He excluded cost from his analysis and stated that he was doing so. But cost is highly relevant to most of us who are not professionals with a chance of recouping the cost relatively quickly, if we have run the numbers correctly and have made reasonable assumptions. Even if money were no object, realizing the full potential of 36+ MP sensors, be they full frame or MF, is likely quite difficult. There is also the practical consideration that many of us don't print as much as in the old days and don't print as large, so the full capability of the high megapixel sensor may rarely or never be used in the display of one's work.

One point that Ming Thein made is that "big and cheap" these days means medium or large format film (i.e., cheap relative to MF digital). Many of us here are still film people or mostly film people, so this point is salient for us. Personally, for the kind of photography I do, which is landscape or urban landscape or slow moving animate things and mostly black and white, medium format film seems to hit the sweet spot as far as image quality, "look" (due to the lenses), portability and, in this post-film market, cost. Large format was just too much to carry. 35mm is still great for many applications too, but lacks the distinctive look of medium format for the kind of photography I do. Street shooters, sports shooters, etc will almost certainly have other ideas that suit them better.
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Old 02-28-2019   #4
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"We all lust for those super cameras with the big sensors and big price tags"

Good topic, Bill

I don't normally follow the usual YT photo gurus, especially these two but they did bring up some interesting predictions, whether they come true is an other matter.


Predictions like a new Canon FF mirrorless camera for 500 USD or the demise of APS C sized sensors and the lenses for them.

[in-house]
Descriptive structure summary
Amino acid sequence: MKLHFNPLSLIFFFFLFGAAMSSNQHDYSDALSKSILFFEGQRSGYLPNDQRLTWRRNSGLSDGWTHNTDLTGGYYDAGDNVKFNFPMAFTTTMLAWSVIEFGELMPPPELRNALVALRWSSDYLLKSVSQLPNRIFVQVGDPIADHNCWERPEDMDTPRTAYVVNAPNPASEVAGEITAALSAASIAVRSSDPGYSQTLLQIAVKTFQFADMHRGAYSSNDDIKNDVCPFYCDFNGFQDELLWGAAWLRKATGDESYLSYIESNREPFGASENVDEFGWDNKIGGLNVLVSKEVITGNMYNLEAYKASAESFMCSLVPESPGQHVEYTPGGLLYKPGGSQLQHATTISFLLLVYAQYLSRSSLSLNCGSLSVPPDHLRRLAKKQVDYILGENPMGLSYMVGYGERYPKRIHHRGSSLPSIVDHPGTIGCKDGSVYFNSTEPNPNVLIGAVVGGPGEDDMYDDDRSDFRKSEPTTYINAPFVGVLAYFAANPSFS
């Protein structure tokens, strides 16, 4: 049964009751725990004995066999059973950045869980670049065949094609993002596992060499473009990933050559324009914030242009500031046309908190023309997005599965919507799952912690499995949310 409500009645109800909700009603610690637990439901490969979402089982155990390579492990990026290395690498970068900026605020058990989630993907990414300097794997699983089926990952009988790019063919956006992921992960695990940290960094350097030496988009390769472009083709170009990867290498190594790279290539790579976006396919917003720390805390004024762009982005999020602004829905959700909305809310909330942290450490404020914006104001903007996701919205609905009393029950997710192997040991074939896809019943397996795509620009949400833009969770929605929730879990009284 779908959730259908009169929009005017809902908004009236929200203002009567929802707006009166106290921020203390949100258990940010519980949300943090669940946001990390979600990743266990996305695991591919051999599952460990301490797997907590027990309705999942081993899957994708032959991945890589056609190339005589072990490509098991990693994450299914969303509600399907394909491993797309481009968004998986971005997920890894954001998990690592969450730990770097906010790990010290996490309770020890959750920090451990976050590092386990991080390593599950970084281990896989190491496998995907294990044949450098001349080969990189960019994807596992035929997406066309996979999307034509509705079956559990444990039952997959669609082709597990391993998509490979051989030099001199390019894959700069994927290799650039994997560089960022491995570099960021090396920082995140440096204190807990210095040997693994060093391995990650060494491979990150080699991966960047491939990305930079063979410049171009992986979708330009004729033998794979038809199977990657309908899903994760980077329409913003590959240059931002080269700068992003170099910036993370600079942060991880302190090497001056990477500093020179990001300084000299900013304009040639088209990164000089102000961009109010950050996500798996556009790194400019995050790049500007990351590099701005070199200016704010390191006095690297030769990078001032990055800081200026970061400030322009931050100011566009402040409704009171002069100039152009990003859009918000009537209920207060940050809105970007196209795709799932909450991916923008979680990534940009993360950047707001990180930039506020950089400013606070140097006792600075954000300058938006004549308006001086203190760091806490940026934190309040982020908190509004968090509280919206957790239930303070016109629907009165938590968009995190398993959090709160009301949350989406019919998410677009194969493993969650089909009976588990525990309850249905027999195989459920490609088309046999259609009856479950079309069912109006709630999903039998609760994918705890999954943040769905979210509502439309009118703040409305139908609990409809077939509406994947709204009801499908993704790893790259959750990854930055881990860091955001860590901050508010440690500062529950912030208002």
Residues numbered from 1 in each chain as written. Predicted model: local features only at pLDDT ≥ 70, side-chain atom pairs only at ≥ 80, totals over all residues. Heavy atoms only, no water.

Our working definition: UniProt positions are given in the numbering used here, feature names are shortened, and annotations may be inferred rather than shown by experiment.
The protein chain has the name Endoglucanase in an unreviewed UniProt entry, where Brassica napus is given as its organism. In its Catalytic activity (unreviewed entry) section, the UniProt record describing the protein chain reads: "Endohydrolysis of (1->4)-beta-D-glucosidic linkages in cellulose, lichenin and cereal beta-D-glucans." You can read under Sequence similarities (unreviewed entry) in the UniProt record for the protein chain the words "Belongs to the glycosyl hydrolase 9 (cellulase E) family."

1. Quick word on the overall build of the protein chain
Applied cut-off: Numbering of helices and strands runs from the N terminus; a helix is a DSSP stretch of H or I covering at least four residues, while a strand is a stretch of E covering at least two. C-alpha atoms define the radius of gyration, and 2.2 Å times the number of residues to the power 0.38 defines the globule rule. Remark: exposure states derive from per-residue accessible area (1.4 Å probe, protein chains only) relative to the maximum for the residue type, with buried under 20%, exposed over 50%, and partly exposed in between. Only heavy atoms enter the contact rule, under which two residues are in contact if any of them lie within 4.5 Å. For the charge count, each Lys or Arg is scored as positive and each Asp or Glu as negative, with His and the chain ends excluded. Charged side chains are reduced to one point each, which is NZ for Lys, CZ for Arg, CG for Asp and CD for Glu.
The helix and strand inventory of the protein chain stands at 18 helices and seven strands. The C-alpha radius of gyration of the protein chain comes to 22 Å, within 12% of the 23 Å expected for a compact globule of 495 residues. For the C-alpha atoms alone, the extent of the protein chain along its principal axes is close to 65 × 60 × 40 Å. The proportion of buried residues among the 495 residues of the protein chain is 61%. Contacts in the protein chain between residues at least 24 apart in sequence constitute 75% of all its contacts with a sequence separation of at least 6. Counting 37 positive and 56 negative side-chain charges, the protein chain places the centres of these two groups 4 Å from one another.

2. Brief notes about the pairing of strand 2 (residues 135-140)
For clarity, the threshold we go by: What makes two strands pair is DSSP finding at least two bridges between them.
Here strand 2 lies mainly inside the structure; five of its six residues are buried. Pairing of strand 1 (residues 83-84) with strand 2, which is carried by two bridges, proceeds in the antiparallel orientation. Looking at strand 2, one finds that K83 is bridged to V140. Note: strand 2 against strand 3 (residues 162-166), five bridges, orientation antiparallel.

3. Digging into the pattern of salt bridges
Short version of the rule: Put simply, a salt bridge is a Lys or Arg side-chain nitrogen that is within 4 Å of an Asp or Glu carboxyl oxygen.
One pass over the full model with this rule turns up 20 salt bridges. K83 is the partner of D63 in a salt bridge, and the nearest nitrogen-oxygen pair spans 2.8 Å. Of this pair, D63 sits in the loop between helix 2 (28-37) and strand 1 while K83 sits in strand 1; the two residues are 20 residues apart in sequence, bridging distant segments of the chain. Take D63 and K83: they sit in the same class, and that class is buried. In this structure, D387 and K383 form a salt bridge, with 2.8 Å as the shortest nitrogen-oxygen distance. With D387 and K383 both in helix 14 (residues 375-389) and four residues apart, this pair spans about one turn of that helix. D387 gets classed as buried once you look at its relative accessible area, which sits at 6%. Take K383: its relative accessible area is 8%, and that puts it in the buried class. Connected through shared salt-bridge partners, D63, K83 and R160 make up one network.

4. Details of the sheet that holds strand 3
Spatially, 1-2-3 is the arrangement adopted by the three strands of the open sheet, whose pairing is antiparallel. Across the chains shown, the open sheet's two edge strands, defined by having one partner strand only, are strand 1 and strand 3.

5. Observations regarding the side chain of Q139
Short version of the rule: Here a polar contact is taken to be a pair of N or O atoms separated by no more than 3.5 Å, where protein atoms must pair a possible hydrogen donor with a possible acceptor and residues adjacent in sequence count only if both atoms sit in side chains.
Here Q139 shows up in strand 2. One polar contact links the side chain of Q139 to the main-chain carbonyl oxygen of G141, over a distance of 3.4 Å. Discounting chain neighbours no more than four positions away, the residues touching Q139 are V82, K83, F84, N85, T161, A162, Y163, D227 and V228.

They claim the sensor size manufacturing cost gap differences have narrowed going from APS C to Full Frame is only 150 USD more and the streamlining manufacturing to one size only and just making lenses for the full frame format would be more cost effective.

https://www.youtube.com/watch?v=Jr5TgN8jAAg
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Old 02-28-2019   #5
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The one reason I think that there is value in the bigger/better gonna improve my pictures theory is this: I got the bug and bought a so so "prosumer" camera and was taking so so pictures. I had a mentor who could be, errrr rather abrupt in his critiques and I was getting a lot of that abrupt. I decided that if I were to be serious I needed a serious camera and bought a Canon 5 D and dedicated myself to bringing my skill up to the level of that camera. I haven't gotten there yet but I did vastly improve my skills with the challenge.
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Old 02-28-2019   #6
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Personally I think the camera body regardless of sensor size make up very little of the overall weight considering the size of some lenses these days. Personally I use mainly f/2.0 rather then F 1.4 lenses for both saving in weight as well as the saving in cost. Additionally I'll limit the number of lens I take on a trip to say two or three; example I'm head to NYC this Sat for a 3 day weekend I'm bring my M9, Summicron 28mm and 50mm Summilux, I'm than going to some Island along the Georgia coast for a week in April for which I'll also bring my Voigtlander 21 f/1.8